Insert node in a linked list.

This is a discussion on Insert node in a linked list. within the C Programming forums, part of the General Programming Boards category; Hi everybody! I asked yesterday something about my project: TOPIC and now that I have almost finished I have problems ...

  1. #1
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    Insert node in a linked list.

    Hi everybody!
    I asked yesterday something about my project: TOPIC
    and now that I have almost finished I have problems with the last function that inserts a new line after the current. Here there is the function:
    Code:
    void InsertAfter(struct list *buffer, char *newline)
       struct node *p=MALLOC(sizeof(*p));                   //line to be inserted
            p->line=newline;
            struct node *n=buffer->head;                           //current line
            int i;
            for(i=0;i<(buffer->currentpos)-1;++i){             //to fint the current line
                    n=n->next;
            }
    
            p->prev=n;
            p->next=n->next;
            n->next->prev=p;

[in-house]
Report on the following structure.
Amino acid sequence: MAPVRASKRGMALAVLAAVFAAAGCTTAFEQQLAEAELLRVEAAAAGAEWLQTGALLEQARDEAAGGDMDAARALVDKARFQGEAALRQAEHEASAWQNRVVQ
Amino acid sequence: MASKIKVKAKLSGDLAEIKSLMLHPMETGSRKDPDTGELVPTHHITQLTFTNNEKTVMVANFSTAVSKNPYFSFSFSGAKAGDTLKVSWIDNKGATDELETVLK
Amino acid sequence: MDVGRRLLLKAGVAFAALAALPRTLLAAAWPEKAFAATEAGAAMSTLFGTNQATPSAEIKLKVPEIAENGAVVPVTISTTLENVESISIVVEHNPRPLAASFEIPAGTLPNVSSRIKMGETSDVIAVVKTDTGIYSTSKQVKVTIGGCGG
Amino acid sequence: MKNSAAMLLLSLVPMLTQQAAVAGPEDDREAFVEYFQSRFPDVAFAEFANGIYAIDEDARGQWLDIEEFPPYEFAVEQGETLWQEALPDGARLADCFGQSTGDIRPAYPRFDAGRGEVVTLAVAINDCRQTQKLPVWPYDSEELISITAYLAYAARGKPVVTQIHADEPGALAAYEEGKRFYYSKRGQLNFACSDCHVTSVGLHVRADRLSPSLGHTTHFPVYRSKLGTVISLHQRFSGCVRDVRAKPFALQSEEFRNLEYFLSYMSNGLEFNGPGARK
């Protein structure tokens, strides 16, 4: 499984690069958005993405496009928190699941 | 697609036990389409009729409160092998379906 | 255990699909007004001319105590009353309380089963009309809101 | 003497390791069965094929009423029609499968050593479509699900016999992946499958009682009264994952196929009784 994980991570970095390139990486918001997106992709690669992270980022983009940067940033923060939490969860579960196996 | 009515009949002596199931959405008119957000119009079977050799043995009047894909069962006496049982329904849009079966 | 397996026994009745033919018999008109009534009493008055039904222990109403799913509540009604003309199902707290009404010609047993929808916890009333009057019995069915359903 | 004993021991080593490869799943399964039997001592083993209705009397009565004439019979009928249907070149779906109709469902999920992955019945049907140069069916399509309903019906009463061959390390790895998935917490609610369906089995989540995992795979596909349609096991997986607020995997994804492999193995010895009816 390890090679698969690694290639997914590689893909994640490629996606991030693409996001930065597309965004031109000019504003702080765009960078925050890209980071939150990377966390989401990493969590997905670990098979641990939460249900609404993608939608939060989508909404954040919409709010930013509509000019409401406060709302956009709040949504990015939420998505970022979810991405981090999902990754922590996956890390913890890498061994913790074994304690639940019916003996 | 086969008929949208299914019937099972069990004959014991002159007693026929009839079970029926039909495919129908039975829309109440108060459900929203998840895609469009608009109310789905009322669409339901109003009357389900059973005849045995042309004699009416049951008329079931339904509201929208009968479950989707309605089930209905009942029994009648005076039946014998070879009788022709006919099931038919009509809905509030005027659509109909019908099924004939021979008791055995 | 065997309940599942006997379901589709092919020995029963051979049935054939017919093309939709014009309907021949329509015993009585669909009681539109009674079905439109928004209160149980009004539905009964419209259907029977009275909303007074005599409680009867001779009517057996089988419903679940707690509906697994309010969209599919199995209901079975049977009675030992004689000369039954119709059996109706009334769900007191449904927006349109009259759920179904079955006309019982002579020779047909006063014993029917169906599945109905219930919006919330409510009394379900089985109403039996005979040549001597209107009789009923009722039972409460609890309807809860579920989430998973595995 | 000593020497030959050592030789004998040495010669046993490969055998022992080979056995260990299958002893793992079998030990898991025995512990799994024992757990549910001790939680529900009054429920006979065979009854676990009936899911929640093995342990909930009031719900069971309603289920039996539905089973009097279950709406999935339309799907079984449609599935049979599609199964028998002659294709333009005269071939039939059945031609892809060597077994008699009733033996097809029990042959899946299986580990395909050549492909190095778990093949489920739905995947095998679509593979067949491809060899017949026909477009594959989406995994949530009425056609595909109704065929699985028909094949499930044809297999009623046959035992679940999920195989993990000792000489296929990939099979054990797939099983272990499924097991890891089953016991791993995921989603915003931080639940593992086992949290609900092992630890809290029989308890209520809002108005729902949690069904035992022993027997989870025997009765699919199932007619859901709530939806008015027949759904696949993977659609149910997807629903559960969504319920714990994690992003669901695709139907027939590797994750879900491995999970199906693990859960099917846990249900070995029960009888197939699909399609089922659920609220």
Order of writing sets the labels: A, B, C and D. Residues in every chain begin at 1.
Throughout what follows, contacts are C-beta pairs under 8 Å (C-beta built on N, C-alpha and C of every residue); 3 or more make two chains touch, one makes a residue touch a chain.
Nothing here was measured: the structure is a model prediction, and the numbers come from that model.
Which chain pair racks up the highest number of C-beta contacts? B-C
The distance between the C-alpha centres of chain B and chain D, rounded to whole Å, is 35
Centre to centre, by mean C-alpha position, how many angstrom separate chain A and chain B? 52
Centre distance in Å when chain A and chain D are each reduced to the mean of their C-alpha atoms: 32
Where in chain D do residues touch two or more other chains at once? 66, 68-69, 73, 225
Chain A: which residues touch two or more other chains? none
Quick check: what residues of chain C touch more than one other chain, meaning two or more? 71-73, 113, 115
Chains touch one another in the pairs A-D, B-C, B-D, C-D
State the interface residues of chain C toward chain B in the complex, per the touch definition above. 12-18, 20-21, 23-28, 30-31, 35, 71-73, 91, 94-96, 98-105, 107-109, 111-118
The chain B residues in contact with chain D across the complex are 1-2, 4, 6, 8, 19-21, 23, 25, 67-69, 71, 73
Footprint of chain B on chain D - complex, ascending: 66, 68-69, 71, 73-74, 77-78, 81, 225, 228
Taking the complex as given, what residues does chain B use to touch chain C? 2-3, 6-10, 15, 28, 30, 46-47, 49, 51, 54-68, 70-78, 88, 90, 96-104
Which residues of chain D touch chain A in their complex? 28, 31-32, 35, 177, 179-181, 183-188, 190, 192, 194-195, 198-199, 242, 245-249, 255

n->next=p;
            ++buffer->size;
    }
    here the structs:
    Code:
    struct node {
            char         *line;
            struct node  *prev;
            struct node  *next;
    };
    
    struct list {
            struct node  *head;
            struct node  *tail;
            int           size;
            int     currentpos;
            char      *current;
    };
    It gets compiled, and runs perfect, but when I have inserted a new line, and whant to print the file via the function WriteFile which prints the buffer->head the buffer->head-> next etc, I get segmentation fault. I think the pointers do not align correctly, but I don't know why.
    Can somebody help me, please?
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  2. #2
    and the hat of wrongness Salem's Avatar
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    > p->line=newline;
    Well my previous post explained why not to do this, how to do it properly and yet here we are.
    You're just copying a pointer to someone elses memory.

    > struct node *n=buffer->head;
    Only C99 (and some extensions to various compilers) allow mixing declarations and statements.

    > p->prev=n;
    Yes, this is the thing to do - but it only works in the middle of the list.